Professor Rothstein’s work on mental health history questions in licensing of lawyers has been considered by policymakers in Ohio. She will be a speaker at the May 2015 ABA Conference on Professional Responsibility on this topic.
Professor Mark Rothstein is frequently called upon to provide expertise on a range of bioethics issues. On April 26, 2013, he testified before Subcommittee on Investigations and Oversight of the House Committee on Energy and Commerce. The hearing was part of a series of hearings devoted to protected public safety in light of the Newtown shootings in December 2012. His testimony is available on C-Span. As a result of his scholarship on epigenetics, he was invited to serve as a member of the Bioethics Workgroup of the International Human Epigenome Consortium, an international collaboration to facilitate epigenome research. In part as a result of his articles in JAMA and Genetics in Medicine that criticize the American College Genetics and Genome recommendation to return genetic sequence information to patients (regardless of whether they want it), the ACMB modified its recommendation to allow patients to opt out of such disclosures. He has been interviewed by the media about the ethical issues related to the Ebola outbreak in Africa.
Professor Shelley Santry helped to author the anti-stalking bill before the Kentucky Legislature.
Scholarship Leading to Service on Local, Regional, and National Projects of Benefit to the Community and Contributing Expertise to Public Service Projects
Professor Jamie Abrams was appointed to the Kentucky Equal Justice Center's Board of Directors. In recognition of her work, the University of Louisville has named her to receive the Multicultural Teaching Award in fall 2014.
As a nationally recognized expert on legal ethics, Professor Grace Giesel authors ethics opinions for the Kentucky Bar Association (KBA) and is a frequent speaker at CLE programs on matters of professional responsibility. In Fall 2013, she presented the first annual Flexner Forum to the Law School community, on "The Story of Kentucky Bar Association Ethics Opinion 435: The Ethics of Plea Bargains that Waive Claims of Ineffective Assistance of Counsel." The opinion was one that she authored and was the subject of a case before the Kentucky Supreme Court, which was argued at the Law School. She also oversees the Commonwealth’s Hotline system on ethics issues for the Kentucky bar.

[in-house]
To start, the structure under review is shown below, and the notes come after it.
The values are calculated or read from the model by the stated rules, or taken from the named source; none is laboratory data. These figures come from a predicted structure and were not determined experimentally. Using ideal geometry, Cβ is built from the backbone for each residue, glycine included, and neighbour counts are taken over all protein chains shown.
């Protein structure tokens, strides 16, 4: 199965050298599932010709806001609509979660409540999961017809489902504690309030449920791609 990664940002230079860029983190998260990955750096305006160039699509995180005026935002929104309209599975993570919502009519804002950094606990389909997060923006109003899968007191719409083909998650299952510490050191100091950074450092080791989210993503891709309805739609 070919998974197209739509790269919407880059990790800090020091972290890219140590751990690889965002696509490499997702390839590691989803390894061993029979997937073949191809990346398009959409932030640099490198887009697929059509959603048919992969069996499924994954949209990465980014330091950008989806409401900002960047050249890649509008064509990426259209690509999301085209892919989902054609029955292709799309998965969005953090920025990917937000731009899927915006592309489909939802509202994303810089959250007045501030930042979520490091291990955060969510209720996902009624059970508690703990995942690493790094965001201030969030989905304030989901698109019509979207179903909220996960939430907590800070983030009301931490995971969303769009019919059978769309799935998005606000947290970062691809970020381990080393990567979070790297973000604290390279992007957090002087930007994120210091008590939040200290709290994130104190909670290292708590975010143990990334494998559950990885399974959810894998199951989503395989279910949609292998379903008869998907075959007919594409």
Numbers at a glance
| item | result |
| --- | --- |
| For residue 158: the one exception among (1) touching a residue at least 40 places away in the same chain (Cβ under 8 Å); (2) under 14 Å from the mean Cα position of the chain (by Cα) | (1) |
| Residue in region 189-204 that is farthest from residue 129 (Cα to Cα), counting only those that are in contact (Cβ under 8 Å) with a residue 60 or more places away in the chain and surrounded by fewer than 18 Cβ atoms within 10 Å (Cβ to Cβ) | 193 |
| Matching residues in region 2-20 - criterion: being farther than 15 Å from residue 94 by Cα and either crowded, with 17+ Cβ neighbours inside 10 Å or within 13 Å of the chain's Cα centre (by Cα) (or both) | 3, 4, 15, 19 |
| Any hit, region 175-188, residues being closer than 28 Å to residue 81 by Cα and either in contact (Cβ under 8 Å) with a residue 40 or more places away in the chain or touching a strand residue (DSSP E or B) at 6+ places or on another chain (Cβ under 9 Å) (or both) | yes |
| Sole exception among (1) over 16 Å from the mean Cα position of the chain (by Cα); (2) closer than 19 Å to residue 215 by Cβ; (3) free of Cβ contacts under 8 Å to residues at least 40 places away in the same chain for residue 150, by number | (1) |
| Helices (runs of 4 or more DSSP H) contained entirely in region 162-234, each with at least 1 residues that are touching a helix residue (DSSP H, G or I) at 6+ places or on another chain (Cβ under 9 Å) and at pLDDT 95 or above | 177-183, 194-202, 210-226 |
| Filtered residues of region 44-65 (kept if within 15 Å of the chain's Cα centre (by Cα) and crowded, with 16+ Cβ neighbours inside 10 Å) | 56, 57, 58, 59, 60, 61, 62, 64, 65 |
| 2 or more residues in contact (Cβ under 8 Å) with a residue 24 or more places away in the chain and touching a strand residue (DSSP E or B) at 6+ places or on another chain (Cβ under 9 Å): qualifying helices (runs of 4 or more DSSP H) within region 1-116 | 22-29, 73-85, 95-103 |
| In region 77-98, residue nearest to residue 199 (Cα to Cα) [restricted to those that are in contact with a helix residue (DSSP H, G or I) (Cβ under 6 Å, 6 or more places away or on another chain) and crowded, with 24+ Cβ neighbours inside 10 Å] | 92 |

Professor Tony Arnold has been invited to serve on the National Advisory Council of The City Project, which is a nationally renowned organization that seeks socially just land-use and environmental conditions in urban areas and is headquartered in Los Angeles. Arnold’s scholarship on environmental justice and urban planning led to this invitation to advise The City Project. Arnold was also elected Vice-Chair of the Board of Trustees of The Nature Conservancy, Kentucky Chapter, where his work on ecosystem conservation is useful.
Professor Virginia Mattingly was elected President-Elect of the Special Libraries Association's Kentucky Chapter.
Professor Luke Milligan is a Commissioner of the Department of Public Advocacy Commission of the Commonwealth of Kentucky, and serves as the inaugural Brandeis Fellow at the Louisville Metro Public Defender's Office in Fall 2014.
Professor Lisa H. Nicholson was appointed to serve on the "Safe and Healthy Neighborhoods' Police Initiatives Workgroup" by Anthony D. Smith, Director for Safe Neighborhoods (Office of Mayor Greg Fischer). The Workgroup is charged to "Work on building stronger relationships between Louisville Metro Police Department (LMPD) and community members as well as identifying and encouraging implementation of best practices from across the country.” She also serves as Chair of the "Police-Centered Initiatives Task Group." This group has been working to develop initiatives and action steps that will assist LMPD officers in better understanding and interacting with members of the community. Their focus has been on ways to improve community relations, increase interpersonal interactions and address cross-cultural issues, and implicit bias.
Professor Cedric Merlin Powell has applied his concepts about racial justice to real-world problems through community engagement and service for many years, including serving as Board Chair of the Transit Authority of River City (TARC) for many years, Board member of the National Institute for Restorative Justice, a member of the ACLU Legal Review Committee, and Commissioner of the Kentucky Department of Public Advocacy. The Louisville Bar Association presented Powell with its 2014 Trailblazer Award for his leadership on issues of race and justice.